Even As Lines Between Business and Leisure Travel Blur, Hoteliers Say Segmentation Is Key

Excerpt from CoStar

Hospitality experts say customers at every price point want some of the same amenities during their stay, and owners must balance that.

A shift in consumer behaviors may lead some hoteliers to believe there are blurred lines within customer segmentation and that categories no longer serve a clear purpose. A group of hospitality experts, however, say that’s not the case.

The traditional breakdown is business and leisure, which is further broken down into transient, corporate negotiated, group, wholesale and other.

At a roundtable hosted by Hotel News Now in partnership with Pinkowski & Company, U.S. hotel industry executives shared their perspectives.

Hoteliers should still be able to identify the original impetus of what brought the guest to a property even if it feels blurred at times, said Kristie Dickinson, managing director and executive vice president of hotel asset management and owner advisory services company CHMWarnick.

“Whether or not that’s the business [traveler] that was able to tack on some additional days for fun or a group attendee that happened to be in a great location that decided to bring family along, I think you can trace back why they were there first. We were able to see some extended length of stay on some of those bleisure trips over COVID,” she said. “Some of that is hanging on. But the consensus so far is that segmentation is not going away. I believe wholeheartedly in that; and from an ownership and asset-management standpoint, we are looking at segmentation not only to identify trends but we are also looking at it because that’s really your key to optimizing profitability at a hotel.”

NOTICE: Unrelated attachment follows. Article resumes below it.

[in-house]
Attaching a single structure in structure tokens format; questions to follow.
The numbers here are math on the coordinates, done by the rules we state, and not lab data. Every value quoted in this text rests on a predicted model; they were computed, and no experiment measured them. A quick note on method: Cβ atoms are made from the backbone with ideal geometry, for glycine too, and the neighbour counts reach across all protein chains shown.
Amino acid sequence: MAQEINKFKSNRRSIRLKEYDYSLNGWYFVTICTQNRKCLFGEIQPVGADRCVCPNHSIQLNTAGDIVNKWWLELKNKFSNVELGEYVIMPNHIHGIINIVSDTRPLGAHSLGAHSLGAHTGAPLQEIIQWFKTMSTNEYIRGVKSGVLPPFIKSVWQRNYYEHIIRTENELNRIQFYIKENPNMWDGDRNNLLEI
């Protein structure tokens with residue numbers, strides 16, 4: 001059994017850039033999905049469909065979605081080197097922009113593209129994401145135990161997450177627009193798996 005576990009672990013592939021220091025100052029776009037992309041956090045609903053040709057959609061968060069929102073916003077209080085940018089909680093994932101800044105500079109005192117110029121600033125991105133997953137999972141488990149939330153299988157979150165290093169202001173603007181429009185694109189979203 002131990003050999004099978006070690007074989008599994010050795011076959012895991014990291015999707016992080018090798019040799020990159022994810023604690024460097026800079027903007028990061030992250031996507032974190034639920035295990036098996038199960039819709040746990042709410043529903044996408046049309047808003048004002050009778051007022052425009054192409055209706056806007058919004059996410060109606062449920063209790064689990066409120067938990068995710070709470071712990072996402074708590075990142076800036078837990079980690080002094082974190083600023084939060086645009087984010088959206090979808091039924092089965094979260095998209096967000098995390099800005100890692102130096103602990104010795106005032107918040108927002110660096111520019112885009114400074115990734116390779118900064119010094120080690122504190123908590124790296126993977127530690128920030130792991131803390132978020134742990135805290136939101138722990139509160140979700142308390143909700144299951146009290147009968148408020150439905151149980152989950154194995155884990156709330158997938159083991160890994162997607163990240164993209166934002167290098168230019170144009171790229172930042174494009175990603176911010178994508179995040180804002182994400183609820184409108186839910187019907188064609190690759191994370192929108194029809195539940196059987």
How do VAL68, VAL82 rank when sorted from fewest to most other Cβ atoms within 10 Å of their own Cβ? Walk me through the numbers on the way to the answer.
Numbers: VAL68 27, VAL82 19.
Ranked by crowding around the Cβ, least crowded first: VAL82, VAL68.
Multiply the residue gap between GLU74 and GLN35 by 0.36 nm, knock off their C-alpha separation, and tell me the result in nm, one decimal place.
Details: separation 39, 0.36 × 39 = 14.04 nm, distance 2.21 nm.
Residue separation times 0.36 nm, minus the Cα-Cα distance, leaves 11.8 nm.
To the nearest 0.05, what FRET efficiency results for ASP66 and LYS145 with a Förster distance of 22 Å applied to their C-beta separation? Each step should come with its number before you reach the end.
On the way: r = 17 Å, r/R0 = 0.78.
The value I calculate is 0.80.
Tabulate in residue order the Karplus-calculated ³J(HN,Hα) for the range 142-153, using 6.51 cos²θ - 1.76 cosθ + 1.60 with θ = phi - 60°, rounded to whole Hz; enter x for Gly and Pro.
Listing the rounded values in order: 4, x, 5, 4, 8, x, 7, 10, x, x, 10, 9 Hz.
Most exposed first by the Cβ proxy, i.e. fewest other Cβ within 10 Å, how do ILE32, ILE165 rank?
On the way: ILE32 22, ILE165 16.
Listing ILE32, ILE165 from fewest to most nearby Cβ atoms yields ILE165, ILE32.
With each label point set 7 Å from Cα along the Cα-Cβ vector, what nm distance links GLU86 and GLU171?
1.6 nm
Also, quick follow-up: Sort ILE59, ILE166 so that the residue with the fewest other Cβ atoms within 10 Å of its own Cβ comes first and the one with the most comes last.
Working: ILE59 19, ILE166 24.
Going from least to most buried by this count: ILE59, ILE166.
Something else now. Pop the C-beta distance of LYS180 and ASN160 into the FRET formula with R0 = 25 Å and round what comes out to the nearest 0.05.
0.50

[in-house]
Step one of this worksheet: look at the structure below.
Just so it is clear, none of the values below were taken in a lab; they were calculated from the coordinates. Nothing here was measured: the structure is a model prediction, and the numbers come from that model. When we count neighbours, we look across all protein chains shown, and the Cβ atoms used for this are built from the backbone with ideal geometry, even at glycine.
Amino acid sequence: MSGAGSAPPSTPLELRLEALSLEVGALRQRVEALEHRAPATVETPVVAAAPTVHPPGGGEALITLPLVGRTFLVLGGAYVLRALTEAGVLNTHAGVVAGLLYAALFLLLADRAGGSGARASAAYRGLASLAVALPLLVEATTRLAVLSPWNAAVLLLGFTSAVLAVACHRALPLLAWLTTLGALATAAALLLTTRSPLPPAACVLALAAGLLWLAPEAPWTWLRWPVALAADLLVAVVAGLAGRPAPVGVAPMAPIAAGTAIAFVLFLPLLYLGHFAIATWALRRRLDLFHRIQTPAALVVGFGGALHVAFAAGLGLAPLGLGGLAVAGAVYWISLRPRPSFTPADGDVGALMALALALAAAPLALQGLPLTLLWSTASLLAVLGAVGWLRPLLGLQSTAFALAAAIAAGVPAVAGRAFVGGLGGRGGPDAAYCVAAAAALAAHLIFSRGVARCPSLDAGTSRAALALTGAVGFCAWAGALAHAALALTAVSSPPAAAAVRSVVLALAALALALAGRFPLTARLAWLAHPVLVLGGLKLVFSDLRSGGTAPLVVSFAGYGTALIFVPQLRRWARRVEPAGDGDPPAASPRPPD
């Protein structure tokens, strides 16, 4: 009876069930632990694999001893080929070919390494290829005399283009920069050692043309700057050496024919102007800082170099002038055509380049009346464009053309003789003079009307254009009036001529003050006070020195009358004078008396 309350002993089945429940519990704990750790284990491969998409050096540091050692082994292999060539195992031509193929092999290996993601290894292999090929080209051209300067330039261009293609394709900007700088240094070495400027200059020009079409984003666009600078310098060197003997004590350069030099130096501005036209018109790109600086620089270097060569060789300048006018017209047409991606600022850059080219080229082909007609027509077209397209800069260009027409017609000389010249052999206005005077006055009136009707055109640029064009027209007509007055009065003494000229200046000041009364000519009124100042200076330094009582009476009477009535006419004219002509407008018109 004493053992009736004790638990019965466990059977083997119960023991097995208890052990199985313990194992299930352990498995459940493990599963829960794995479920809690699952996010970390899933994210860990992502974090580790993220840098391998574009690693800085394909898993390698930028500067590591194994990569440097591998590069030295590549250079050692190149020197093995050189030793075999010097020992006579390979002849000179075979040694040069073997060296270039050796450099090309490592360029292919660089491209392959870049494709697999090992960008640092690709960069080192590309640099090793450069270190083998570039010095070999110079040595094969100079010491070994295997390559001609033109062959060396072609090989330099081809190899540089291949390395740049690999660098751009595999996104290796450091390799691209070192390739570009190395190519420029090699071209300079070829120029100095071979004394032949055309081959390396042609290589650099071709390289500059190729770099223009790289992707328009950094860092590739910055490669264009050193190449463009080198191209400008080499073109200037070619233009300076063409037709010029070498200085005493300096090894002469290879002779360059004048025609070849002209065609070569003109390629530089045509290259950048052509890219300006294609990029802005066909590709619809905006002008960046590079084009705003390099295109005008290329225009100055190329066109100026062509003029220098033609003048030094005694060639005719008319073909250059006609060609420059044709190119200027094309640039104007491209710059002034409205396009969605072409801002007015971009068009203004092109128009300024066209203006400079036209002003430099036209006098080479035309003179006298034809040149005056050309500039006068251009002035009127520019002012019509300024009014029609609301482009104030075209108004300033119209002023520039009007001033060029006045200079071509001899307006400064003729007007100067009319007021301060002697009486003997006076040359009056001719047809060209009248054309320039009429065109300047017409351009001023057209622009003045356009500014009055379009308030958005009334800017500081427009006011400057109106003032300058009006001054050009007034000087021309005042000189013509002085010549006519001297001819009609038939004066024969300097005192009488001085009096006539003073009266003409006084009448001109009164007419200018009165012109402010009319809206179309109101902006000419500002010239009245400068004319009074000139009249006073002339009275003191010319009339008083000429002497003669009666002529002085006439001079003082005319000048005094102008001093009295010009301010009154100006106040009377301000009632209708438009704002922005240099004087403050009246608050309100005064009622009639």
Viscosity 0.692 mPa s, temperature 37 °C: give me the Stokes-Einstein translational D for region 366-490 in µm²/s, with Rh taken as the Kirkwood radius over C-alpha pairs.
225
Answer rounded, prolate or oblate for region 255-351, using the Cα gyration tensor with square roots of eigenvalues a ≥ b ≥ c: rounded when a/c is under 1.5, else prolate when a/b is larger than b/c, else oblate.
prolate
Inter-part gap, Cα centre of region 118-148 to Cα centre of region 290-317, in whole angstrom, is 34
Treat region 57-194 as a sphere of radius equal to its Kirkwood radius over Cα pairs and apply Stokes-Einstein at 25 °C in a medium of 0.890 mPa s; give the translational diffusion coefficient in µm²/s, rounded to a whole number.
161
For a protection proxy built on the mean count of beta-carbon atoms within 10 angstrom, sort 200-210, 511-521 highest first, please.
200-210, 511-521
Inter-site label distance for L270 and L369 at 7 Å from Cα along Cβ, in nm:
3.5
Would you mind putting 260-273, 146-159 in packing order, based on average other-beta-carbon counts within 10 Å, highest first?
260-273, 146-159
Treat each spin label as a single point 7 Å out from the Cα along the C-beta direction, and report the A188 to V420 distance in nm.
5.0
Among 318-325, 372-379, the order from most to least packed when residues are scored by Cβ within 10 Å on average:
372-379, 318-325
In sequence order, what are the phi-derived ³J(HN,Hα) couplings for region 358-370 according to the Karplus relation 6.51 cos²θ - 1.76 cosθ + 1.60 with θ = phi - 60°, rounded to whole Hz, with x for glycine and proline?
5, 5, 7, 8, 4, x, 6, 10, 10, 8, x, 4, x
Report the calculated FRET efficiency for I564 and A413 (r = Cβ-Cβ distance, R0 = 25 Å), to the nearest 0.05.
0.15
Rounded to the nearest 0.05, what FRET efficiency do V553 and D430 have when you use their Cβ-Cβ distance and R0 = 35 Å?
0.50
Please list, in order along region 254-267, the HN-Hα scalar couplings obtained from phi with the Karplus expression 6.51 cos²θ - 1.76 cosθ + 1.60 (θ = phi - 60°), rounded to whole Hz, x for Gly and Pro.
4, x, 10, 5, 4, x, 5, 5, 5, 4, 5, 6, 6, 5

Not every guest spends the same either. Group travelers and those with corporate cards might have higher ancillary spend than a family staying for leisure.

During the pandemic years, many hotels took any business to gain occupancy, but Dickinson said her team can now more effectively yield “with an eye toward optimization” and channel management.

“There are huge implications on profitability by not effectively strategizing around your segmentation and your mix,” she added.

Michelle Geiger, area general manager at the Hyatt Centric Memphis and Hyatt Caption Memphis, sees a mix of leisure, business and group guests between the two hotel brands.

To be able to measure success at the properties, there have to be categories that the guests fall under, she said.

Blurred segments might come into play more when comparing a town such as Memphis versus a big destination market, Geiger said.

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